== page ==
Pimvadee Keaokiriya

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Pimvadee Keaokiriya
Social Development Worker and Researcher
Kiran Sagoo, PhD
28 Oct 2020
Climate Change, Disaster, Environment, Social Protection

Pimvadee travels along mountain terrains to remote villages in Lao PDR and Myanmar, working together with rural communities to prepare for natural disasters, such as flooding and landslides.  Living with communities for two weeks for each assignment, she has gain insights on the resiliency of people, especially when dealing with disasters. It has been a profound experience and a meaningful personal journey, as she finds her work in disaster preparedness able to produce tangible results.


“My experience in conducting a few Community Based Disaster Risk Reduction Management exercises show how useful they are.  People are so hopeful and they want to make a difference to their communities. They want to be an advocate of change and that is something that makes a big impact for me. I am happy that the work that I do makes a difference for them. Even small scale projects have a profound impact on people’s lives.


“We are really working with the vulnerable communities, really hearing the voices from the ground.  Through activities to prepare a community Disaster Risk Reduction action plan, we hear about the local knowledge on how disasters could be addressed. Interviews conducted enable for understanding on how past disasters have impacted the lives of people these communities. They inform us on what would be appropriate for their communities, which then gets integrated into the DRR plan.  We also learn about initiatives taken such as the setup of a community Disaster Risk Reduction (watch group, which enables them to reduce their risks to future disasters.


“Through CBDRM activities, the community requested for the installation of a radio. This would enable warnings to be given in times of flash floods which often result in landslide or mudslides, causing massive destruction and loss of life. The presence of both the community leader and the governor at the workshops we organized enabled for this request to be inserted in one of the recommendations of the National Disaster Management Office (NDMO)’s plan. Bridging the gap between the NDMO in the capital with local communities, such as putting in place an early warning system, it could minimise the possibility and cost of disaster related damage. 


“For inclusivity, we request for everyone to attend the meetings which are conducted in the community hall.  Women attend the meetings, however remain seated at the back of the hall taking care of the children.  To ensure inclusion, we have separate focus group discussions with the women to understand their roles in times of disasters.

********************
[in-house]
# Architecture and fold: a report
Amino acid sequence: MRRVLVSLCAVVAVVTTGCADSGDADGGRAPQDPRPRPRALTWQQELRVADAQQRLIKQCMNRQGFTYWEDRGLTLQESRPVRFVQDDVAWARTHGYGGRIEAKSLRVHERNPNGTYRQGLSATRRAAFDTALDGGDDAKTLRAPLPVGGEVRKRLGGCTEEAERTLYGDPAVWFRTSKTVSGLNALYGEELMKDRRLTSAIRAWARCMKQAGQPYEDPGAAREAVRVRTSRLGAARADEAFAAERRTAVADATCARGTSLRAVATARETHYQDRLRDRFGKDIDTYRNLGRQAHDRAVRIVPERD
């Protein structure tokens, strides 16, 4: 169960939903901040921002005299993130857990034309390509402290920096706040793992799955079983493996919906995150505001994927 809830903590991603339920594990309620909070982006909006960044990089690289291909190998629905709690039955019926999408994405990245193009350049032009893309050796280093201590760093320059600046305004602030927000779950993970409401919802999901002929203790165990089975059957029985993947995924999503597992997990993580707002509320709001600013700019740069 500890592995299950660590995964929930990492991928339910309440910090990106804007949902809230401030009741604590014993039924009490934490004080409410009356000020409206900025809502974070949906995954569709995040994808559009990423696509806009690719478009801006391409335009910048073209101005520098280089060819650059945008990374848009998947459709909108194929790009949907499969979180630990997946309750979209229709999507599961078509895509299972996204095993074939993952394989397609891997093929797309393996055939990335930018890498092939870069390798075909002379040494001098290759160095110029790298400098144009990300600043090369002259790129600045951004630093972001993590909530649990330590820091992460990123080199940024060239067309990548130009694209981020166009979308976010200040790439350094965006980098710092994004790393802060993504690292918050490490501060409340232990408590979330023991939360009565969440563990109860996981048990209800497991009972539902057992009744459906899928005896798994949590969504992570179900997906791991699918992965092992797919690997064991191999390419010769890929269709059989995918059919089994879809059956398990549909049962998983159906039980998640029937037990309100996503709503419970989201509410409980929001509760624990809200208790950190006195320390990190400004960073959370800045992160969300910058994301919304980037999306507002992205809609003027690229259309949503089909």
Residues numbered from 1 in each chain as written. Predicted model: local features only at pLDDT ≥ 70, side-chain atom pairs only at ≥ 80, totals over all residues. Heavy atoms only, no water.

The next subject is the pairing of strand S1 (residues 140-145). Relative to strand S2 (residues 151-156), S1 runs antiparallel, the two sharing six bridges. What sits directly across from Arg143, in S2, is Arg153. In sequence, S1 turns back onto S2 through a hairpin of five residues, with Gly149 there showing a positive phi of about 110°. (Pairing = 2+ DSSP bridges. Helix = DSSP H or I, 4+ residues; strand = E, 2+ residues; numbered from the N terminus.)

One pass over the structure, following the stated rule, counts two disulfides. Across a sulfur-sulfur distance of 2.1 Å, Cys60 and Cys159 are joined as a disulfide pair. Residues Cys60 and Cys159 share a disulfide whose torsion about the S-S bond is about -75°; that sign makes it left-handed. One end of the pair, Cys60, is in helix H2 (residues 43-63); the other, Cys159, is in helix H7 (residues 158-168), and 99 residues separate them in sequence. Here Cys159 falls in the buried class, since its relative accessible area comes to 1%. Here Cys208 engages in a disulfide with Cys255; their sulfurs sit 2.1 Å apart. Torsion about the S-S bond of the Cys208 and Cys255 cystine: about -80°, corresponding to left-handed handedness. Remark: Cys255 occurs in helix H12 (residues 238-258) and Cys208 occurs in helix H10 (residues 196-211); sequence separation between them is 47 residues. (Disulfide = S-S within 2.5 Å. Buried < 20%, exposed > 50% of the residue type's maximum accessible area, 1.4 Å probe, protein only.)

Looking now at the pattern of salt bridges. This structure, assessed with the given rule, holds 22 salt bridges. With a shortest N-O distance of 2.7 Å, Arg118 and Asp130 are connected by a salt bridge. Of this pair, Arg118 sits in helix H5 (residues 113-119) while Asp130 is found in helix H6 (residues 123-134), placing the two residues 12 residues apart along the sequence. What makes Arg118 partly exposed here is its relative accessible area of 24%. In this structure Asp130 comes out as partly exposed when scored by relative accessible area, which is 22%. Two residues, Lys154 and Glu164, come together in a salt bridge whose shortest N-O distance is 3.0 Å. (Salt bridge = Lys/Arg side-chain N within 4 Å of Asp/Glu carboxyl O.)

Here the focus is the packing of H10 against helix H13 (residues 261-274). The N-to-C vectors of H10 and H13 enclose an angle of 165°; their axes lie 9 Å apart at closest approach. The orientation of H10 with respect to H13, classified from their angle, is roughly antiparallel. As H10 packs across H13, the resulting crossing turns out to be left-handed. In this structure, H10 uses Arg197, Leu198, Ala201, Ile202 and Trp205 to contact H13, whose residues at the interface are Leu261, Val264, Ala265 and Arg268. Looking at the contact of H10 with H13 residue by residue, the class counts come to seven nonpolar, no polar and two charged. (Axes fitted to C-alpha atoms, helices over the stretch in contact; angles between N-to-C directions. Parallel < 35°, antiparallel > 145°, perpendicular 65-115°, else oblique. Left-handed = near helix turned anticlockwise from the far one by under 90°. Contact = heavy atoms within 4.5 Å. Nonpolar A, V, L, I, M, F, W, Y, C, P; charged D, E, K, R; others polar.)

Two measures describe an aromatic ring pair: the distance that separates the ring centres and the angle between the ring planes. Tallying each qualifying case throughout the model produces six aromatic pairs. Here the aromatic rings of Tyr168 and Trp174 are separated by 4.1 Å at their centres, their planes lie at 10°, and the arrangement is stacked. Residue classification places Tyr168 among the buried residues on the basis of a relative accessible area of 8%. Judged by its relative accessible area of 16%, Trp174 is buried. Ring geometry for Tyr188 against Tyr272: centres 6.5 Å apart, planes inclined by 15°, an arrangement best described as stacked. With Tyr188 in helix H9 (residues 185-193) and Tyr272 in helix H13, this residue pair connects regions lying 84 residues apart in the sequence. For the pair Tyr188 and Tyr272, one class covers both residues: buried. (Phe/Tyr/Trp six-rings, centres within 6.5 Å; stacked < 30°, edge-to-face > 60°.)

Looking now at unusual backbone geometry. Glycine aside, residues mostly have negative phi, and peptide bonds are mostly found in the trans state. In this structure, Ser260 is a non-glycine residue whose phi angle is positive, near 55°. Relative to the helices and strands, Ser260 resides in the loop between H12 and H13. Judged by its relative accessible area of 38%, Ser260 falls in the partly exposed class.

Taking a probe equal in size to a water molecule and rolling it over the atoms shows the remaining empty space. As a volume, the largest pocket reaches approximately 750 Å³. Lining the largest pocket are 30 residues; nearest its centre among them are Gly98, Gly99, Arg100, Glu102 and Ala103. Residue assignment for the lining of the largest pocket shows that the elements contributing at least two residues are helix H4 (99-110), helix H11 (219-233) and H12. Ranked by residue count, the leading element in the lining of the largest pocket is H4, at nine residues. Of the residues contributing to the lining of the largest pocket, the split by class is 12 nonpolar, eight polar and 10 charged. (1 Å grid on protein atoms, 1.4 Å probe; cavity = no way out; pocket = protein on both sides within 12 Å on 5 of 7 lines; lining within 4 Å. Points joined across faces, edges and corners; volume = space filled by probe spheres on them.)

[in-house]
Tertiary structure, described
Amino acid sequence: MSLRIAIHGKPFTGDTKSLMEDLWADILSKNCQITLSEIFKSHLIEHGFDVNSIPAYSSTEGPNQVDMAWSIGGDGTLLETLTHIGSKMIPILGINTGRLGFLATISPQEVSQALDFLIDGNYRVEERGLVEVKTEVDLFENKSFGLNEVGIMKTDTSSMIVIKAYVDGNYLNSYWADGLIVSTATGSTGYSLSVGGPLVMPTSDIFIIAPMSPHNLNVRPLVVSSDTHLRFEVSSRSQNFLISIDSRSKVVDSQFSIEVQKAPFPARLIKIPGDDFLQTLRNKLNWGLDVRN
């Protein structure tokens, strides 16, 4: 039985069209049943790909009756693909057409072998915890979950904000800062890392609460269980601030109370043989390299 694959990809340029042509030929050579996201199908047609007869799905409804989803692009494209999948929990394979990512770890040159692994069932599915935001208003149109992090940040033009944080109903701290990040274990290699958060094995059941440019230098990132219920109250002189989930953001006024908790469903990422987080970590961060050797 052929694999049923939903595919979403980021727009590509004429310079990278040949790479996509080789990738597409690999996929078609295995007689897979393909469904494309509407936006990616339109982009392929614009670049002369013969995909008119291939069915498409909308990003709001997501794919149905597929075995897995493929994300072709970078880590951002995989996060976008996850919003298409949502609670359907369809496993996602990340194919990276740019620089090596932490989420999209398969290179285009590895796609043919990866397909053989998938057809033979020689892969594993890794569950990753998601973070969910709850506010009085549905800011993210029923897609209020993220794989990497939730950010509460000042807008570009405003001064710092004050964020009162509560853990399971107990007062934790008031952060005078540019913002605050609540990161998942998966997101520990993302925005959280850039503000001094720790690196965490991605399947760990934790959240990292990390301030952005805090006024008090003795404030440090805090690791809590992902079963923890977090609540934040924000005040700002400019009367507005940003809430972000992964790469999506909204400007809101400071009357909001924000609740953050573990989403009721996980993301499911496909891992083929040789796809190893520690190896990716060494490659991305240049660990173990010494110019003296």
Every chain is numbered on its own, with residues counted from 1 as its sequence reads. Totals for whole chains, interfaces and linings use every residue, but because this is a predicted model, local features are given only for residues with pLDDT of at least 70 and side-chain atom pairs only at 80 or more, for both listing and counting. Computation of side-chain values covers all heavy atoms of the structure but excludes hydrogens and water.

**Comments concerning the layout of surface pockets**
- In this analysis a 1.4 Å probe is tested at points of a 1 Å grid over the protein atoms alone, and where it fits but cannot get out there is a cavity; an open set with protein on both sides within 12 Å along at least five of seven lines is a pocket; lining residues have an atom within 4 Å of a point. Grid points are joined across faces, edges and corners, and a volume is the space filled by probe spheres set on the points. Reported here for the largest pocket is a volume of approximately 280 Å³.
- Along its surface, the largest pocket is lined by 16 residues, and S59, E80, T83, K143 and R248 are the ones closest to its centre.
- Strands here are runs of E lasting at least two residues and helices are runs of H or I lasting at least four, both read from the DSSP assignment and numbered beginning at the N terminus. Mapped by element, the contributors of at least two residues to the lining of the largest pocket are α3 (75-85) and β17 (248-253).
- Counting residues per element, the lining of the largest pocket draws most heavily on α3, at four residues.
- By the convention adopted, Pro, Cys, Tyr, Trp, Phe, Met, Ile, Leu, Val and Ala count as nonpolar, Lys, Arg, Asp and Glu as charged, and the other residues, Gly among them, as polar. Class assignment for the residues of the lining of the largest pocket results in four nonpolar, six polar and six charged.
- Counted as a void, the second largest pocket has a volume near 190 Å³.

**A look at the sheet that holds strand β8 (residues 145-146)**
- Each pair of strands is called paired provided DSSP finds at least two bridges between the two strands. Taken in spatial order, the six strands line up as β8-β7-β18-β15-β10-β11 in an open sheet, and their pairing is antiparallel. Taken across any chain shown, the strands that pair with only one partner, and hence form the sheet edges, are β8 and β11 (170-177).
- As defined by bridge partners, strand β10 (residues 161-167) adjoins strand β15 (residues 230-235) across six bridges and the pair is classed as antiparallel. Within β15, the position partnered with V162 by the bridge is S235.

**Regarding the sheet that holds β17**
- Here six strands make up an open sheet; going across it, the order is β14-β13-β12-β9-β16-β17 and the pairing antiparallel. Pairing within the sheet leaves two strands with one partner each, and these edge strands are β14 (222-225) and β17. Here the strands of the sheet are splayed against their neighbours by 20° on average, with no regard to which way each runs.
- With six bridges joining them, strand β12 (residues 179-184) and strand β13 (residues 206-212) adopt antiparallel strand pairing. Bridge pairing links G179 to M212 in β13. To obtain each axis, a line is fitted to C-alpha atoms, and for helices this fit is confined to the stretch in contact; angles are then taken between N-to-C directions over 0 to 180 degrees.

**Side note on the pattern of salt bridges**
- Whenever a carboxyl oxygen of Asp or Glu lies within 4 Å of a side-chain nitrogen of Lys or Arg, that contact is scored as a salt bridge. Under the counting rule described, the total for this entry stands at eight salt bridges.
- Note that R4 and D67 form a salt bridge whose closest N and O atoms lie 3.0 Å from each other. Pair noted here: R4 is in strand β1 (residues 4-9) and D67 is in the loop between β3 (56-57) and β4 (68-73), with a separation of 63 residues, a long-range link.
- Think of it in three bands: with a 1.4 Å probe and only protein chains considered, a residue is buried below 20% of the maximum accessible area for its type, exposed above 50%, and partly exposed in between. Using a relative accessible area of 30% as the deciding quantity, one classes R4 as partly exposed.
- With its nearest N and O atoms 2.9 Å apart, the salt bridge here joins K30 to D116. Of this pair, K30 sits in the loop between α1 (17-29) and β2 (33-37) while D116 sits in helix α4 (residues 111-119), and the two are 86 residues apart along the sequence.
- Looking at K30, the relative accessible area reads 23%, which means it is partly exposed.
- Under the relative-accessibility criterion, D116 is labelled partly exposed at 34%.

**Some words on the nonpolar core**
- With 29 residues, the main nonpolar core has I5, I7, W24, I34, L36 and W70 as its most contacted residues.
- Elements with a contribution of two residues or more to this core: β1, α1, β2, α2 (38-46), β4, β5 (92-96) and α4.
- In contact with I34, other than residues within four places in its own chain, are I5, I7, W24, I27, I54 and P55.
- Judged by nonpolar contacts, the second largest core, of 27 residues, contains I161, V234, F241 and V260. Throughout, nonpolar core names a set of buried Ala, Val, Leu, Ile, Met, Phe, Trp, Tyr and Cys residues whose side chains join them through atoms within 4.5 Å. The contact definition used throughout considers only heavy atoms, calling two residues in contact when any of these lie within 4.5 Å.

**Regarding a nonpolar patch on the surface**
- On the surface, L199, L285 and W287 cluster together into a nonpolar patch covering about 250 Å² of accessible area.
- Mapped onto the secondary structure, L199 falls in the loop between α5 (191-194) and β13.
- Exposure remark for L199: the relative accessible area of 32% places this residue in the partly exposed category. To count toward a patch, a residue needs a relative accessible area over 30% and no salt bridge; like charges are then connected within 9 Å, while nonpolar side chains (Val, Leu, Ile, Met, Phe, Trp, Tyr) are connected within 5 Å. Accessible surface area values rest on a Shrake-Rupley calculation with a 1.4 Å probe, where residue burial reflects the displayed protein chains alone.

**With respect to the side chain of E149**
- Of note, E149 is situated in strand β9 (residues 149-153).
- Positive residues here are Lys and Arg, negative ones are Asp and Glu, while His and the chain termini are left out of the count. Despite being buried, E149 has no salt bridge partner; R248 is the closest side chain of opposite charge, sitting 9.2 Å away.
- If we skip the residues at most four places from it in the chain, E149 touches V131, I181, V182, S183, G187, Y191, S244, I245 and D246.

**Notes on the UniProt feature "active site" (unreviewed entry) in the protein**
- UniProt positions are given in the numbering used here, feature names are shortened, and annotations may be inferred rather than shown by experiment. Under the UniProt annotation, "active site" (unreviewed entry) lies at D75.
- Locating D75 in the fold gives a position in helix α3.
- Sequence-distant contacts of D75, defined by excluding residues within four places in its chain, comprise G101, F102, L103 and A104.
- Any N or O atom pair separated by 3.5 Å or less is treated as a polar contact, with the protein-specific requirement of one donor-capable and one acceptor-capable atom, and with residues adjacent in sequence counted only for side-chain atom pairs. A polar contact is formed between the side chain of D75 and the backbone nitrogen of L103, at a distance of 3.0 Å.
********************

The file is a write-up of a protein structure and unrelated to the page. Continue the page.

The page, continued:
“Disaster is something that is very close to everyone and can happen anytime.  We need to be aware and be prepared to respond to it. Although we presume that everyone knows how to respond to disasters, not everyone does.  There is a need to challenge social norms that disasters are predestined, which we work hard to do. 


“What is needed is awareness. By knowing about a recurring incident such as seasonally heavy rainfall, the community is able to coordinate. For example, a voluntary watch group can be formed to monitor rain gauge. Once once it reaches a certain level, announcements can be made over the radio for people to start evacuating to the shelters selected.  This enables for people to leave before they become stranded.  


“Good interagency coordination in also needed. If the community is strong, people at the national level also need be to be strong. As disasters come under various ministries, strong coordination is crucial. Access to data is much needed to be able to see future climate projection.  This will allow for the creation of different response scenarios, enabling agencies to prepare accordingly.


“These communities face a dual problem of floods, stemming from the river when it overflows, and also drought.  My wish is for lessons learnt in these communities to be replicated in other countries in the region.  The community leaders also have the potential to be trainer of trainers for possible future projects.  The rivers are a source of life for these communities, lets mitigate its cause as a source of grief.


“Being in these remote areas has also provided a rare opportunity of seeing the conditions of these people, especially the children and schools.  Through funds raised, I have bought items needed such as textbooks and stationary.